Trump drops plan to retire the USS Truman

Trump drops plan to retire the USS Truman
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The Trump administration has scrapped plans to retire the USS Harry S. Truman early, Vice President Pence said Tuesday.

Pence made the announcement while speaking to crew members aboard the aircraft carrier, hours after top Navy officials defended the administration's previous plan.

"As I stand before you today, I know that the future of this aircraft carrier is the subject of some budget discussions in Washington, D.C.," Pence said in Virginia.

"As we continue to fight Congress to make sure that our military has the resources you need to accomplish your mission, President Donald TrumpDonald John TrumpSenators demand more details from Trump on intel watchdog firing Overnight Health Care: Trump steps up attack on WHO | Fauci says deaths could be lower than first projected | House panel warns federal stockpile of medical supplies depleted | Mnuchin, Schumer in talks over relief deal Trump says he'll look into small business loan program restricting casinos MORE asked me to deliver a message to each and every one of you on the deck of the USS Truman," he continued.

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"We are keeping the best carrier in the world in the fight. We are not retiring the Truman," he said to applause. "The USS Harry S. Truman is going to be giving them hell for many more years to come."

The carrier, first commissioned in 1998, was set to undergo a lengthy and $3.5 billion midlife refueling process in 2024.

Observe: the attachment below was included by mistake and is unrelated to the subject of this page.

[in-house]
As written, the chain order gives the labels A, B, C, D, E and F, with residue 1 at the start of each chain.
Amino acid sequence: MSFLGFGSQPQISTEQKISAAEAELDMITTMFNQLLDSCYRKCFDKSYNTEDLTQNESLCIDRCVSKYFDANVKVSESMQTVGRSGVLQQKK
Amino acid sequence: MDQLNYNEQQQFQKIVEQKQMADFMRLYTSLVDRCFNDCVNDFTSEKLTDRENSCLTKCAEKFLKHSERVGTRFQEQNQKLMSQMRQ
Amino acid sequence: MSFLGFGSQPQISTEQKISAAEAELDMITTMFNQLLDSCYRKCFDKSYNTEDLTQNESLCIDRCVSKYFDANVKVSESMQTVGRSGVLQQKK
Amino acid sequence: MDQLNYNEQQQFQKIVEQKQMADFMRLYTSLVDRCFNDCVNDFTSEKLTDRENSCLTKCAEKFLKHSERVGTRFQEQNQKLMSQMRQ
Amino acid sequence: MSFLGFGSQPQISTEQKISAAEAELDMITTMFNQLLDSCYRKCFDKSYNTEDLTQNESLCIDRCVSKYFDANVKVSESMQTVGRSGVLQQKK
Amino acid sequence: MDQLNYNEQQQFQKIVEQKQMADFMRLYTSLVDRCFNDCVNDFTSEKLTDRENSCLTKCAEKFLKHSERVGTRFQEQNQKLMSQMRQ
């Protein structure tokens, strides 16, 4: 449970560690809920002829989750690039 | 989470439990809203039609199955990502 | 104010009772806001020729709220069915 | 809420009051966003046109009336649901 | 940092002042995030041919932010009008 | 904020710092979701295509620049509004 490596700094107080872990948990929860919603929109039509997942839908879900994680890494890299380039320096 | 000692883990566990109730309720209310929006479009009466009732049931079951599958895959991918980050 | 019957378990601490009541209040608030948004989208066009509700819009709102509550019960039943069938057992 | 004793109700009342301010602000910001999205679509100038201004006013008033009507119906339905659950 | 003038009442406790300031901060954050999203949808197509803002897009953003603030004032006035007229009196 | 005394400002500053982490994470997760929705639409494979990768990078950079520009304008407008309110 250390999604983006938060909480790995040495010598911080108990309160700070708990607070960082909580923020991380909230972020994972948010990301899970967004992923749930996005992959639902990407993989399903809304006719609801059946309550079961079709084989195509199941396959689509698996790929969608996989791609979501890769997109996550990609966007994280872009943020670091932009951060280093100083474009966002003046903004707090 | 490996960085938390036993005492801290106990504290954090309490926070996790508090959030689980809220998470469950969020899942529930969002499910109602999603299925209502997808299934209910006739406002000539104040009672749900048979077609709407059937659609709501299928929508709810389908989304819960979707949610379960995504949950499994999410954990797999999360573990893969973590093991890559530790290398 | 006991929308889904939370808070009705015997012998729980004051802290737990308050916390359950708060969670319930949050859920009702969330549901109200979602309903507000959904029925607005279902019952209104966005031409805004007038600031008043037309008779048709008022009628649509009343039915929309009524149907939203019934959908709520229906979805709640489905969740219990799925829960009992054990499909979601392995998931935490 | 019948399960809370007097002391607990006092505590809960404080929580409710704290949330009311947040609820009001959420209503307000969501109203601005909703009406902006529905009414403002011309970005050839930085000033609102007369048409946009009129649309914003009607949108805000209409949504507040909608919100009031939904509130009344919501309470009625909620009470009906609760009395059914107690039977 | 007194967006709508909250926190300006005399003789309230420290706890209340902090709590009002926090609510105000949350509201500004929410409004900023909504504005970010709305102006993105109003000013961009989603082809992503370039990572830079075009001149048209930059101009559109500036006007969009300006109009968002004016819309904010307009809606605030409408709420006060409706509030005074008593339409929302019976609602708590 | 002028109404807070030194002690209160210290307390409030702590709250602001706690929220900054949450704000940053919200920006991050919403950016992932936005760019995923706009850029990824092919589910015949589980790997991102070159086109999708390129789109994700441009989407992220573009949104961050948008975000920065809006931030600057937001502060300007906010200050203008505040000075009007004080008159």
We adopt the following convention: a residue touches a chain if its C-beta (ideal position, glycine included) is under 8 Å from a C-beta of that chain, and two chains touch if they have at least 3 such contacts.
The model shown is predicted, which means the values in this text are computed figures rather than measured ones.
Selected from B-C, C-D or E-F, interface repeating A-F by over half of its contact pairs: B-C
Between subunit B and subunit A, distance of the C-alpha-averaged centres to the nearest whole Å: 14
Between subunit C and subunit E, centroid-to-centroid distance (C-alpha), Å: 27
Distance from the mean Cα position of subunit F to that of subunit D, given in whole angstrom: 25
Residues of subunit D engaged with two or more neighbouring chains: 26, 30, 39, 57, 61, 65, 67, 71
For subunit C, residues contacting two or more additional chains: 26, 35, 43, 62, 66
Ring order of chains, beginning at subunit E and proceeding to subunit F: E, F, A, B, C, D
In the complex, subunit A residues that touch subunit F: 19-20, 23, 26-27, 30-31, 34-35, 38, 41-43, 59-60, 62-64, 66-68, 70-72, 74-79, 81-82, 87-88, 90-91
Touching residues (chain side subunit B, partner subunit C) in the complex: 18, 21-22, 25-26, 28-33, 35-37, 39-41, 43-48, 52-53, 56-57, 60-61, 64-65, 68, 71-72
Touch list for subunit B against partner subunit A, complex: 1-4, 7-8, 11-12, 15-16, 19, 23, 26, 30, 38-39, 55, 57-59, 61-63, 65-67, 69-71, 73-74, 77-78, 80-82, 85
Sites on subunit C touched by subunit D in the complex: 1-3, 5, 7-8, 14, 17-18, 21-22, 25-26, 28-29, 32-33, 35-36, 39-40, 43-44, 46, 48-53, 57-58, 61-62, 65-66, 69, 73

But the Pentagon announced plans as part of Trump’s 2020 budget request to reduce its aircraft carrier fleet from 11 to 10 by retiring the USS Truman early as part of a cost-cutting measure.

As recently as Tuesday morning, top Navy officials were defending the plan.

Testifying before the Senate Armed Services Committee as part of his confirmation to be the Navy’s top officer, current Vice Chief of Naval Operations Adm. Bill Moran said retiring the Truman will allow the Navy to fund new technologies such as drone ships.

“We believe we’re going to need to modernize our force in a way we haven’t thought of in the past — especially in the unmanned arena,” Moran said.

On Monday, the current Navy chief, Adm. John Richardson, also defended the plan, similarly arguing that the Navy needs to look forward to new technologies.

“The most mortal sin we can have right now is to stay stable or stagnant,” Richardson said at the Future Security Forum.

But lawmakers on both sides of the aisle were skeptical of retiring the Truman, and observers expected language in the annual defense policy bill to prevent it from happening.

For example, at Tuesday’s Senate hearing, Sen. Tim KaineTimothy (Tim) Michael KaineDemocratic senator rips Navy head's 'completely inappropriate' speech on ousted carrier captain Biden's pick for vice president doesn't matter much Students with disabilities could lose with COVID-19 stimulus package MORE (D-Va.) said the idea is “just kind of a head-scratcher for us."

And Senate Armed Services Committee Chairman James InhofeJames (Jim) Mountain InhofeHouse Republicans threaten pushback on Saudi Arabia amid oil market slump Navy chief resigns amid uproar over handling of aircraft carrier coronavirus crisis COVID-19 and the coming corruption pandemic MORE (R-Okla.) previously told top Pentagon officials at a March hearing that he was “not happy” about the plan.

Sen. Mark WarnerMark Robert WarnerSenators demand more details from Trump on intel watchdog firing Democratic senator rips Navy head's 'completely inappropriate' speech on ousted carrier captain Democrats seize on Trump's firing of intelligence community watchdog MORE (D-Va.) blasted the administration on Tuesday over its plans to retire the aircraft carrier, arguing it appeared to be "a budget gimmick all along."

"While I am glad the administration ultimately reconsidered this terrible idea, the incoherence here has not been good for morale or defense planning," he tweeted.

Updated: 2:30 p.m.